That can’t happen overnight, or even, experts expect, terribly quickly — it might take thousands of years. The US Army Corps of Engineers suggests planners expect five feet of sea-level rise by 2100. That’s also the upper end of most official state and local estimates, which are usually based on the readings from the official tide gauge on the Maine State Pier. It’s enough to put Portland’s waterfront roughly back at Fore Street, which is where it was before Commercial Street was built on fill in the middle of the
Faced with that level of change, what should we do? Is a seawall the right answer? How big should it be, and where? What about building a new school, or moving a sewage-treatment plant? The dollar amounts for these things are always in the millions, if not the billions. Nobody wants to spend that much money and find out years from now it was too much — or too little, or the right amount but in the wrong place.
“We don’t need more data. We need more conversations,” Merrill says. (See sidebar, “Reports, And More Reports,” for a sampling of some of the data that’s been out there for years.)
Setting up the conversation
It’s important to have something concrete to talk about, though. That’s where Merrill’s method comes in. It is built on mathematical formulas developed by Paul Kirshen, a civil-engineering professor at the University of New Hampshire, coupled with three-dimensional imagery and modeling assembled by Hallowell-based Blue Marble Geographics.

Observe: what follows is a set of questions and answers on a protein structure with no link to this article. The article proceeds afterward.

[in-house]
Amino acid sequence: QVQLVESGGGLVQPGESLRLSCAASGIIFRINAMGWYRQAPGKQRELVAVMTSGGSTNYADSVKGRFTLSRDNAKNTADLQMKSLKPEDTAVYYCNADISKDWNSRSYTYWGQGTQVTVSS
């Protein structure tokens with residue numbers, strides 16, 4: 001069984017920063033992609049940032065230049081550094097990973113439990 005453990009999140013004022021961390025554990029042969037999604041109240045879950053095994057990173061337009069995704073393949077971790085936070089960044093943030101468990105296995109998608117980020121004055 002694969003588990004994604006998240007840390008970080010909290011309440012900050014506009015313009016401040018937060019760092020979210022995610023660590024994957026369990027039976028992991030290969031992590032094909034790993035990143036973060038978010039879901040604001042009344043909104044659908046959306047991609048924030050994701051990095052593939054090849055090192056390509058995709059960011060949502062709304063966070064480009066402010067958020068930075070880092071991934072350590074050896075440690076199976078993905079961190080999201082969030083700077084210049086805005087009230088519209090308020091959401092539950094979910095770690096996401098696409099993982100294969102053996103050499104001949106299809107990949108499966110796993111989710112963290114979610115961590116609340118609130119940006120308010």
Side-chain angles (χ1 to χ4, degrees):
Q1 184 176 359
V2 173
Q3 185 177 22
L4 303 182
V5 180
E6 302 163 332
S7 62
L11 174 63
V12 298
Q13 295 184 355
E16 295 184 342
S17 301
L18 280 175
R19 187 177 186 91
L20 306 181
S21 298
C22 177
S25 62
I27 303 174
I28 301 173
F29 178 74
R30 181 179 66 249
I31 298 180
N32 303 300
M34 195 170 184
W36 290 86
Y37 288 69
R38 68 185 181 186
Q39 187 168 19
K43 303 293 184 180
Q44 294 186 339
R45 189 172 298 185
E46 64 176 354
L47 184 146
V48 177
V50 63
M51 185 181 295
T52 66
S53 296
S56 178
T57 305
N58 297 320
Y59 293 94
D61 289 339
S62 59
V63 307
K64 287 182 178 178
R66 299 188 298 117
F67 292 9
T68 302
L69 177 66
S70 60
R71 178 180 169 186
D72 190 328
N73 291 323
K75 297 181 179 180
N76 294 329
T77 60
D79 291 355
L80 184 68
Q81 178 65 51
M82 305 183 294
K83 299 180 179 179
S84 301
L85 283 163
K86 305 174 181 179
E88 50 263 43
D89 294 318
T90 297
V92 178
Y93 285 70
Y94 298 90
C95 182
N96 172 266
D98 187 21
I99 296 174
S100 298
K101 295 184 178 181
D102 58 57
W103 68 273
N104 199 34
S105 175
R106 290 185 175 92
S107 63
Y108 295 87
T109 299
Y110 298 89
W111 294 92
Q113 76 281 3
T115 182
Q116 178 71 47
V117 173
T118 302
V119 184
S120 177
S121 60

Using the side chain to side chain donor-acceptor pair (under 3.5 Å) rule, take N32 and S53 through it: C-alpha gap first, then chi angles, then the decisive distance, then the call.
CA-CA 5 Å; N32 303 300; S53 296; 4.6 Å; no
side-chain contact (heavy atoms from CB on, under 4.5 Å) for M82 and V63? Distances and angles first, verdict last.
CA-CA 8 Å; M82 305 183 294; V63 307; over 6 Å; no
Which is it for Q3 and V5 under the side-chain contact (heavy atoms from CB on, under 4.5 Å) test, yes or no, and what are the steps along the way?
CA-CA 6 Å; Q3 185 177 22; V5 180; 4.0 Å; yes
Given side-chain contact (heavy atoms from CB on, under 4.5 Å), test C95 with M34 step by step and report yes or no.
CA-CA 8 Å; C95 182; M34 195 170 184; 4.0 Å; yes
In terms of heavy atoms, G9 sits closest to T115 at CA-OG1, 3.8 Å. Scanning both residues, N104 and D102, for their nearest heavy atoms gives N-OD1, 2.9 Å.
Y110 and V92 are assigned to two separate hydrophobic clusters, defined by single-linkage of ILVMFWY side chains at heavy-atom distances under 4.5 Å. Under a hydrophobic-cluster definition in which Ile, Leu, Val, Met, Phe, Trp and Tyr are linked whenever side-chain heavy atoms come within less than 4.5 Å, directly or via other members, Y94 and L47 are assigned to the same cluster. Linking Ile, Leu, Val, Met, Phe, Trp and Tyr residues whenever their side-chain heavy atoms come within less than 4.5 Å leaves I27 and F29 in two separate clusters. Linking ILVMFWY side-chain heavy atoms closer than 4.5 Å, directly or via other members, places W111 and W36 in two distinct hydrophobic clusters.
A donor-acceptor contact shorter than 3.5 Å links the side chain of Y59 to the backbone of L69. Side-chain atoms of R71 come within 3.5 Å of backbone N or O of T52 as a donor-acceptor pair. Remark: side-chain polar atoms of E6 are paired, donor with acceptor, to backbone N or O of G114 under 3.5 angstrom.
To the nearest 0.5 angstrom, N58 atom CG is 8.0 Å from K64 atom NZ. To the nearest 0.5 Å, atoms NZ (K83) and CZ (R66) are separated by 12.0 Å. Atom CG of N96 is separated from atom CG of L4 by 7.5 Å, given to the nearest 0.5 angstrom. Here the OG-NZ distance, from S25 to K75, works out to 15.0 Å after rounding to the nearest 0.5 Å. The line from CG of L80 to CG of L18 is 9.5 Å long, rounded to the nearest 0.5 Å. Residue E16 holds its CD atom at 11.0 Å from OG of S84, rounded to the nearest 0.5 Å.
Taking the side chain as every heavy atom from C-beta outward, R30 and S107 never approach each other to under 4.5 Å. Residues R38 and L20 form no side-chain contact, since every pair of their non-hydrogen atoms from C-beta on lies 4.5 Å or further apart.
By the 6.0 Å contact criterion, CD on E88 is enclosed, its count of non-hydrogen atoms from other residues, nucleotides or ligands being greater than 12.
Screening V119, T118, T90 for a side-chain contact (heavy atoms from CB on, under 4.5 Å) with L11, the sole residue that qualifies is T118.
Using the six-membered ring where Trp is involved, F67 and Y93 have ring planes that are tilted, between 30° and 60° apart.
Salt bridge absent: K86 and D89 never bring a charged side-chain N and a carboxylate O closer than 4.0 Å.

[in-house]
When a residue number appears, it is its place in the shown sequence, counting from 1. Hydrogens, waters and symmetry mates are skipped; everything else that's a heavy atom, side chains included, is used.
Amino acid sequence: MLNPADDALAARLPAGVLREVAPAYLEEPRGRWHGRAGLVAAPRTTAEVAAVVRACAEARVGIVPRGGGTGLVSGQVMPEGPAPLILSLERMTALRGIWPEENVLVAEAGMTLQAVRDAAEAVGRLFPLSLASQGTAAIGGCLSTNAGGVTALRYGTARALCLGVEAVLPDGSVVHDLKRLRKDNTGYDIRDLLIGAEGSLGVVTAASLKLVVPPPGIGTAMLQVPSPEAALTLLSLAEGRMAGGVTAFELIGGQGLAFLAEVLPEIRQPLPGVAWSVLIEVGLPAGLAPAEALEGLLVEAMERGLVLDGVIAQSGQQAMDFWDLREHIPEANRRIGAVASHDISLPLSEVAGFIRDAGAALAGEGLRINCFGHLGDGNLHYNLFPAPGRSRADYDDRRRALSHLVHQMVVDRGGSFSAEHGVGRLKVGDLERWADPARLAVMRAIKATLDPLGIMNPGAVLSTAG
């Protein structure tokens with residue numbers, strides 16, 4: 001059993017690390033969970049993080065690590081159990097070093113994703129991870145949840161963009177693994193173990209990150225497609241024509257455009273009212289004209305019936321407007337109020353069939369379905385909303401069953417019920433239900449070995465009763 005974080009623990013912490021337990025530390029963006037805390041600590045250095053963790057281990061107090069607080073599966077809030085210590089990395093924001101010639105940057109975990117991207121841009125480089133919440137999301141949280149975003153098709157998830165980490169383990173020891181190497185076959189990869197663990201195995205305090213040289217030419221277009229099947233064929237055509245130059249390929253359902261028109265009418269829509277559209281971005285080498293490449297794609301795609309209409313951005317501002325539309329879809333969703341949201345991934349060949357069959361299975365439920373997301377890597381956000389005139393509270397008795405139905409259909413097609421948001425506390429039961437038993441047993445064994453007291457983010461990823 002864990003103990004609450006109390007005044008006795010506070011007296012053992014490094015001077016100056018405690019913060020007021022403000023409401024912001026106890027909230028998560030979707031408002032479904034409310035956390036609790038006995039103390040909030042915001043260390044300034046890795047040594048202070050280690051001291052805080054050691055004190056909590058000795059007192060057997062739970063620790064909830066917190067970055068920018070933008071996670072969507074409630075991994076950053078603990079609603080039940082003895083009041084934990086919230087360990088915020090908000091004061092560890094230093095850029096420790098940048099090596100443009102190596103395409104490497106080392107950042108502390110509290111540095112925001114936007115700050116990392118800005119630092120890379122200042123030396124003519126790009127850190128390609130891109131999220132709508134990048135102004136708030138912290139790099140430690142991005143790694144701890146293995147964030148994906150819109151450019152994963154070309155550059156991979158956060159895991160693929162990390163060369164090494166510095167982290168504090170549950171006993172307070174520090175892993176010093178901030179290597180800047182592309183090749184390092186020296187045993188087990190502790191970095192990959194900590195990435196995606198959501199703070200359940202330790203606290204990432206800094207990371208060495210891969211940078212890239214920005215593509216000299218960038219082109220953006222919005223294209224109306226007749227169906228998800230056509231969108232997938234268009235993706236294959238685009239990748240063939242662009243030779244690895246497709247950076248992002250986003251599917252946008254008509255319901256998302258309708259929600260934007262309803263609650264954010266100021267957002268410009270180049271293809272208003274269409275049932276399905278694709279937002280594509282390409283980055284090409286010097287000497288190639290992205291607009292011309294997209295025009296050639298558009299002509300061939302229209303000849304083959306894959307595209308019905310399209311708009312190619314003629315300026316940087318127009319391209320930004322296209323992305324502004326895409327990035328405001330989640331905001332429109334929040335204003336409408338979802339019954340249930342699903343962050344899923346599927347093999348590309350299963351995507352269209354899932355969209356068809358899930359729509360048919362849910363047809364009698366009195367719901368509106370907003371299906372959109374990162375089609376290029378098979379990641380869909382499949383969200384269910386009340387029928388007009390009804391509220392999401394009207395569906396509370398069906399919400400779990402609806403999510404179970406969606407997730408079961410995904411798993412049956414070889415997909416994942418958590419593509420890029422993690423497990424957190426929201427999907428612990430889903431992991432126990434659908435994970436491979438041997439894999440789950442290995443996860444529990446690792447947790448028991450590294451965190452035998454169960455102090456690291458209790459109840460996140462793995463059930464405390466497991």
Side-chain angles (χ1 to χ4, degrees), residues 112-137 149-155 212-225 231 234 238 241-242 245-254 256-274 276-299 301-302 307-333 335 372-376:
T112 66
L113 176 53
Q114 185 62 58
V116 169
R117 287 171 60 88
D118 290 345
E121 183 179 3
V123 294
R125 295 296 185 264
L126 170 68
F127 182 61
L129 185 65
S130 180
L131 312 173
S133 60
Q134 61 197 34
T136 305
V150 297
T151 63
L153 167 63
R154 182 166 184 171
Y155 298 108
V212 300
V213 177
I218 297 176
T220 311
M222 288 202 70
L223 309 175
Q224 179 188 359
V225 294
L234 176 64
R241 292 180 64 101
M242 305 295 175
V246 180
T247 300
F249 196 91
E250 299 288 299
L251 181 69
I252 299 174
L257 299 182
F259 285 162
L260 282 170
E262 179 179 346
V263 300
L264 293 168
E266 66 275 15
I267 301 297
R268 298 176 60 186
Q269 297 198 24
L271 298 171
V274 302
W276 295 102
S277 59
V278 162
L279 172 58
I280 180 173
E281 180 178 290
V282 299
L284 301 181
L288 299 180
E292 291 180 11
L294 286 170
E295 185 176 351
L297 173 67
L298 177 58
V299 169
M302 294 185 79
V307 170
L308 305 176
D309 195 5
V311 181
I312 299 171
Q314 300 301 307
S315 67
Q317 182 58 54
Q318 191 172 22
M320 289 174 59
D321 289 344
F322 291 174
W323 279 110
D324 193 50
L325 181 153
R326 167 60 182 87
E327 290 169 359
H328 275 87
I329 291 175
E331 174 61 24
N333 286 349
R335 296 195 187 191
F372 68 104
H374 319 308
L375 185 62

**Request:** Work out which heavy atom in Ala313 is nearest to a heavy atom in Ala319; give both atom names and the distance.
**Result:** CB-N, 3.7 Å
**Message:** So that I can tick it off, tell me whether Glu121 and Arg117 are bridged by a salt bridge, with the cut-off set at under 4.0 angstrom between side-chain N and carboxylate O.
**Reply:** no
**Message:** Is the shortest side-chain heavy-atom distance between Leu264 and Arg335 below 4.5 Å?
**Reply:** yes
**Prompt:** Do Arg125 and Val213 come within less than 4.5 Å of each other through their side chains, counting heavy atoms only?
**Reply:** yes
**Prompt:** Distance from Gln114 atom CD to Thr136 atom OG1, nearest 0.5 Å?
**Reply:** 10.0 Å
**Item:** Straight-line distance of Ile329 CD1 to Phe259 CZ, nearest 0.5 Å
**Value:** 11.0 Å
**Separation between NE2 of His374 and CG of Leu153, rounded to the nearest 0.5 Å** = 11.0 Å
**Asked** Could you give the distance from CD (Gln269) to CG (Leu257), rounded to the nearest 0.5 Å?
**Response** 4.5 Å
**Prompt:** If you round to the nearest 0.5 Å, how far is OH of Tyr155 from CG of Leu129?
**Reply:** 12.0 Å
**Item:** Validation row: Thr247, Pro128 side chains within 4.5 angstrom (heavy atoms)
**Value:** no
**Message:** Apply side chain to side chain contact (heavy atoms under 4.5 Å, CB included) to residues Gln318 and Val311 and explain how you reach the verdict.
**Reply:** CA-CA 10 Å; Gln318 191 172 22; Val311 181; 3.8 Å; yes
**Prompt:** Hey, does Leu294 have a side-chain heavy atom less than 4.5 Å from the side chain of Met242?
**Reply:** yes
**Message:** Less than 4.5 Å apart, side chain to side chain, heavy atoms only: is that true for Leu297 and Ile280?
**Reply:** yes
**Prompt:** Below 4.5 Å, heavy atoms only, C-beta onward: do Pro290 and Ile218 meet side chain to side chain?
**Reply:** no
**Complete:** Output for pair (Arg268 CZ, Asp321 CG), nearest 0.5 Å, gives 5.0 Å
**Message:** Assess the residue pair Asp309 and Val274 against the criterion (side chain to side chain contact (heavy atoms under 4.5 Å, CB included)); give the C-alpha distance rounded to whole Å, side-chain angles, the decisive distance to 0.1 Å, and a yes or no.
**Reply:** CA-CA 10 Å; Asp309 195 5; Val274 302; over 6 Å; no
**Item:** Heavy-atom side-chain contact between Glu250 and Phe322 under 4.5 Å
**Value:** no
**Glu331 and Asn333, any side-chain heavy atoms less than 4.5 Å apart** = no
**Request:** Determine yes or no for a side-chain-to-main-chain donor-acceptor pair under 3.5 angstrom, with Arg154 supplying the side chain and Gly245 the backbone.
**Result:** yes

The software is free to download and use, though it requires a certain level of familiarity with Geographic Information Systems data management, as well as access to property records and elevation data in certain specific formats. While hard to assemble on your own at home, it’s well within the range of most municipal planning-department staffers.
Relatively new data with extremely fine detail about elevations is key, says Blue Marble president Patrick Cunningham: “Five centimeters is the difference between (safety and) flooding the town.”
People can quickly identify the places where risk is highest (notice how fast you processed the information in the accompanying map of the Portland peninsula, below), and where it’s low or absent.
This clears people’s fear of the unknown, Merrill says, and turns it into civic engagement to address what are now clearly identifiable problems.
People can see what will happen if no action is taken in the face of sea-level rise and storm surge, as well as what will happen if certain specific actions are taken, allowing city leaders and average residents to compare a set of options for the future. Is a seawall better in one place, or should one area be allowed to flood to save another area that’s more important for some reason?
Merrill says it’s “really putting people in the driver’s seat and helping them evaluate their own risk tolerance.”
What he brings is not only the expertise to construct a strong set of models of various conditions, but also experience facilitating the conversations that must necessarily follow.
He finds, often, that people “are fed up with all the planning and never getting to implementation.” But the decision to pull the trigger is difficult.